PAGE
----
What Should I Expect at My Preliminary Hearing at Magistrate Court?
At the preliminary hearing, all the relevant parties make an appearance before the judge. This includes the prosecutor, the arresting officer, the complainant, and you, along with your attorney. You will not see a jury, because this hearing is not a trial. The prosecution will present their case against you, and your attorney will present a defense. Sometimes, witnesses are called by the prosecutor, and your attorney will have the opportunity to cross-examine them.
Though there are significant differences, the preliminary hearing is a little bit like a trial before the trial. The purpose is to allow the Cumberland County Magistrate to decide whether there is enough evidence to compel the defendant to stand trial. The magistrate will also determine if the defendant's case should be transferred to the Court of Common Pleas. If the magistrate decides there is not enough evidence to compel the defendant to stand trial, your charges may be dropped altogether.
Can I Participate in the ARD Program for Summary Offenses?
The Accelerated Rehabilitation Disposition (ARD) program is Pennsylvania's way for first-time offenders without a record of convictions to waive their right to a preliminary hearing and prosecution and avoid Magisterial Court altogether. If you participate in the ARD program, you essentially plead guilty, but that plea is put on pause while you complete a probationary period. Once that probation is completed, the original charges are dropped and can be expunged. But, if you do not successfully complete the probation, your guilty plea is automatically entered for the first offense. The ARD program still has a significant effect on your future, so it is important to discuss all the outcomes of your summons with an experienced attorney who can advise you of the best possible options.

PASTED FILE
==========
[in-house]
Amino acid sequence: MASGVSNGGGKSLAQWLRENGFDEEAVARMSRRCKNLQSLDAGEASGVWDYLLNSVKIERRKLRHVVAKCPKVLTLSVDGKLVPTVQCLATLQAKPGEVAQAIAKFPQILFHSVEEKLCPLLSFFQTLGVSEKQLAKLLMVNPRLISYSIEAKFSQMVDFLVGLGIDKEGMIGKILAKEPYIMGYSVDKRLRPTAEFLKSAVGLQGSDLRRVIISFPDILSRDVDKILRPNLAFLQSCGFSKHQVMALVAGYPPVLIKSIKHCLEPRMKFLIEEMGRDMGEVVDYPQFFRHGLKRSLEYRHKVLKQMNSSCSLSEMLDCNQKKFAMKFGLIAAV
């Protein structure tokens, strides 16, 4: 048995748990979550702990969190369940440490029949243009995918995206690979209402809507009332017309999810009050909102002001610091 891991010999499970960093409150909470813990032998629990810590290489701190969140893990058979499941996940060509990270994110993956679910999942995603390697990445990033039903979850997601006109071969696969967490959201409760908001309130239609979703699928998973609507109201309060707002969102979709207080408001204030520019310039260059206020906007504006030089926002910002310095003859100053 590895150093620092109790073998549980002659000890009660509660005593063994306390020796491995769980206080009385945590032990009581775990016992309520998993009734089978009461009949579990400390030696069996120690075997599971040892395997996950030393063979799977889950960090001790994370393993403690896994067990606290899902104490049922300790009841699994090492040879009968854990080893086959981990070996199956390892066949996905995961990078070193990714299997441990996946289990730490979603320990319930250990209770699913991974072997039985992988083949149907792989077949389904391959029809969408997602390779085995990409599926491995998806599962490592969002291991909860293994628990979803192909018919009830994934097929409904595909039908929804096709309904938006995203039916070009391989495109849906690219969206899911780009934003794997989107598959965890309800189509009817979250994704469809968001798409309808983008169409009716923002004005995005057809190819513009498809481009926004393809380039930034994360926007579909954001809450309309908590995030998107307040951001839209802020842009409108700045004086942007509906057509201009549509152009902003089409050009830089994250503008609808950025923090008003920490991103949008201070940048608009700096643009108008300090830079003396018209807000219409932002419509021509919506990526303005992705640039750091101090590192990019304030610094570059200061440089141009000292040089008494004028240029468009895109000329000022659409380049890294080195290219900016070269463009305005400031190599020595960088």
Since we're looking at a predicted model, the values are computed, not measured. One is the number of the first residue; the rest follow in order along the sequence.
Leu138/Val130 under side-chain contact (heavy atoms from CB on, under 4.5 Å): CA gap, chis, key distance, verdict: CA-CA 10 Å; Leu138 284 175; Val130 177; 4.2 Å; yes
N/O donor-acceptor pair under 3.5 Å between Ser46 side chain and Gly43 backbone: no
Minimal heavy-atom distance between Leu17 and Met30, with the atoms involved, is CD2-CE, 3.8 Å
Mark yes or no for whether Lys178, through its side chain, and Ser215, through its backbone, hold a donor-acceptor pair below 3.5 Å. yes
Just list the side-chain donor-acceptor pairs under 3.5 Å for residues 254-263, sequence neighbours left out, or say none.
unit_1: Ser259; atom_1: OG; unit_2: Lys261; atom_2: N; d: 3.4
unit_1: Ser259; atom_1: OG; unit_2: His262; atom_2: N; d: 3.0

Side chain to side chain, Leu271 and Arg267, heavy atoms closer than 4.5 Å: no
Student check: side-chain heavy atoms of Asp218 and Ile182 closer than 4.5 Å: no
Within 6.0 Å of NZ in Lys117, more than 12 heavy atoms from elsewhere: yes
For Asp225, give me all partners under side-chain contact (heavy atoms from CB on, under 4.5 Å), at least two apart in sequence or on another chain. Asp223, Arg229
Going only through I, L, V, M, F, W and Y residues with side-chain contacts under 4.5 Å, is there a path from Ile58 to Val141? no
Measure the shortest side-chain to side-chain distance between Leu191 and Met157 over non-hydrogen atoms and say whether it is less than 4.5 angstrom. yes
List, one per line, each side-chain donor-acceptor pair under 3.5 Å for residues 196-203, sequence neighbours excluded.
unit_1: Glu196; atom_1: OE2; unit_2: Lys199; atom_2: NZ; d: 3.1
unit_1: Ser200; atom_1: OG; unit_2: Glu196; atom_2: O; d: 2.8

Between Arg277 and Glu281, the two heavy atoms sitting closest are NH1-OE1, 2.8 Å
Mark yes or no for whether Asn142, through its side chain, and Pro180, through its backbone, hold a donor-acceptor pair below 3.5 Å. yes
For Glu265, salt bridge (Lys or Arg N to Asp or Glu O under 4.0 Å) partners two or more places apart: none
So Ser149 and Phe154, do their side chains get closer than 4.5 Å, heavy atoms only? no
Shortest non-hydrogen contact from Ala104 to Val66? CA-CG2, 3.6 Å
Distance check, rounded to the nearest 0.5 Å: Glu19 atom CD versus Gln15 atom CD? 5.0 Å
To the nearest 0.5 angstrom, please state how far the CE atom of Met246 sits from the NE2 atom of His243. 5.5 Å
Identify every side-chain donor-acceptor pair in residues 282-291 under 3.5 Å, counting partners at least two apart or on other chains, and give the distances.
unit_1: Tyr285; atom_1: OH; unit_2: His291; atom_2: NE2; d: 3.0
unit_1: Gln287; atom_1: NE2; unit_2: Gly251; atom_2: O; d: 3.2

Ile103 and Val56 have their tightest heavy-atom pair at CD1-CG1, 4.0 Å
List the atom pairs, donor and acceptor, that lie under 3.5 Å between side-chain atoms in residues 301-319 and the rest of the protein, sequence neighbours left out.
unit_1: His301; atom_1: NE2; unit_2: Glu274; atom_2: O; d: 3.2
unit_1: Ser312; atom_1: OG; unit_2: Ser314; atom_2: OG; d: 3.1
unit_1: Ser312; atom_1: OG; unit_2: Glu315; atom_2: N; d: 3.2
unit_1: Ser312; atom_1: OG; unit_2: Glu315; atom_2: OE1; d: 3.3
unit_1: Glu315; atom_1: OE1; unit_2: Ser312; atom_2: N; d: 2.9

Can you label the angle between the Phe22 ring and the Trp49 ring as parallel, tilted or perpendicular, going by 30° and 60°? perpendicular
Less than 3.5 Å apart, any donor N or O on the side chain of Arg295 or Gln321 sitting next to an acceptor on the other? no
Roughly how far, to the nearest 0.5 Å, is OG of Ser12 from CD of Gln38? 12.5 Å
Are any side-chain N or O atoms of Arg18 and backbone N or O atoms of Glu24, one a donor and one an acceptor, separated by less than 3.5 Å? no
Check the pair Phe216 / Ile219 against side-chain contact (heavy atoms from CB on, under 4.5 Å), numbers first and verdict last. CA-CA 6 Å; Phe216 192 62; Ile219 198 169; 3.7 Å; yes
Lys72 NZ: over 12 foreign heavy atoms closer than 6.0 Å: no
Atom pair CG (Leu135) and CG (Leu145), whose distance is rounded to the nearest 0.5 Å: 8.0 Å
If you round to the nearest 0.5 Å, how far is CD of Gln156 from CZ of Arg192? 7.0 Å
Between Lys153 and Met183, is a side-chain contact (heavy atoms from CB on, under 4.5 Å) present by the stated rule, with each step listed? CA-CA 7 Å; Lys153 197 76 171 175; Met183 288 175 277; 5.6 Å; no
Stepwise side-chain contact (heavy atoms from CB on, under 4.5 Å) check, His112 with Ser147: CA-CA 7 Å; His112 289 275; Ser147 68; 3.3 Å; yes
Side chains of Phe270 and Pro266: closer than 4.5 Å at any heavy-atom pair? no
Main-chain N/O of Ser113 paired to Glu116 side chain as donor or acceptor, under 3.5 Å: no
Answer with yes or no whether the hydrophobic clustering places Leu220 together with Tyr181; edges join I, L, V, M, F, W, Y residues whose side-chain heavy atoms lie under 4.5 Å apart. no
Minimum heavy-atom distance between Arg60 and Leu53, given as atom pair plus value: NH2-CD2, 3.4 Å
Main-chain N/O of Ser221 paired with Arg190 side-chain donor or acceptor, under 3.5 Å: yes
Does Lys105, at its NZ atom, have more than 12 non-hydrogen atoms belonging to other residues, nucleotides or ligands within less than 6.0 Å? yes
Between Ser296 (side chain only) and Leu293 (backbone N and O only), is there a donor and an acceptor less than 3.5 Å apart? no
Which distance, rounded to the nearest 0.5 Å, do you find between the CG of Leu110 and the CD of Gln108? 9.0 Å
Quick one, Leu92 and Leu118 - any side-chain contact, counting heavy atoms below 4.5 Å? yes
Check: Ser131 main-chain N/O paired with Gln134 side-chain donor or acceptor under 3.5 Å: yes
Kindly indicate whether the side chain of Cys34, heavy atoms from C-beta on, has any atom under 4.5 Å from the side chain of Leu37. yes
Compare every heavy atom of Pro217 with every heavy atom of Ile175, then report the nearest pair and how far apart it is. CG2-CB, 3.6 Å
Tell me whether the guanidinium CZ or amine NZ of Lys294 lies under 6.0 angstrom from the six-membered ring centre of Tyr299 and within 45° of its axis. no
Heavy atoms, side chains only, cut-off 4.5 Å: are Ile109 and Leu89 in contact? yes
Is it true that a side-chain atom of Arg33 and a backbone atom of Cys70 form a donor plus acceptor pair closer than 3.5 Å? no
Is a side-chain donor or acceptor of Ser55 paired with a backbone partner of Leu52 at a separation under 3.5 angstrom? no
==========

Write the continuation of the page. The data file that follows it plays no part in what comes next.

If your attorney advises you to participate in the ARD program, they will help you apply to the District Attorney's Office. Upon approval, you will be told the conditions of your program, which might include reporting to a probation officer, paying fines, and performing community service.
The ARD program can be a slow and extended process. It may or may not be the best possible outcome for your case.
Your attorney might be able to negotiate a more positive outcome, such as having your case dismissed or withdrawn at the preliminary hearing level rather than having the case proceed to the Court of Common Pleas. Either way, an experienced Cumberland County attorney will advise you on the best course of action for you.
Who Can I Call for Help if I am Summoned to Magistrate District Court in Cumberland County, PA?
When you receive your summons, the first person you should call is an experienced attorney who advises clients on such matters and in the relevant court. The Lento Law Firm has extensive experience representing many clients in Luzerne County Magisterial District Courts. Joseph D. Lento and his team know the Magisterial Court's practices and the best manner in which to communicate and negotiate with the judges and prosecution. They will work vigorously to represent you so that you avoid any unnecessary fines or incarceration. You can contact us at 888-535-3686 today to schedule an evaluation of your case. Do not try to navigate these murky waters alone. The Lento Law Firm can advise you.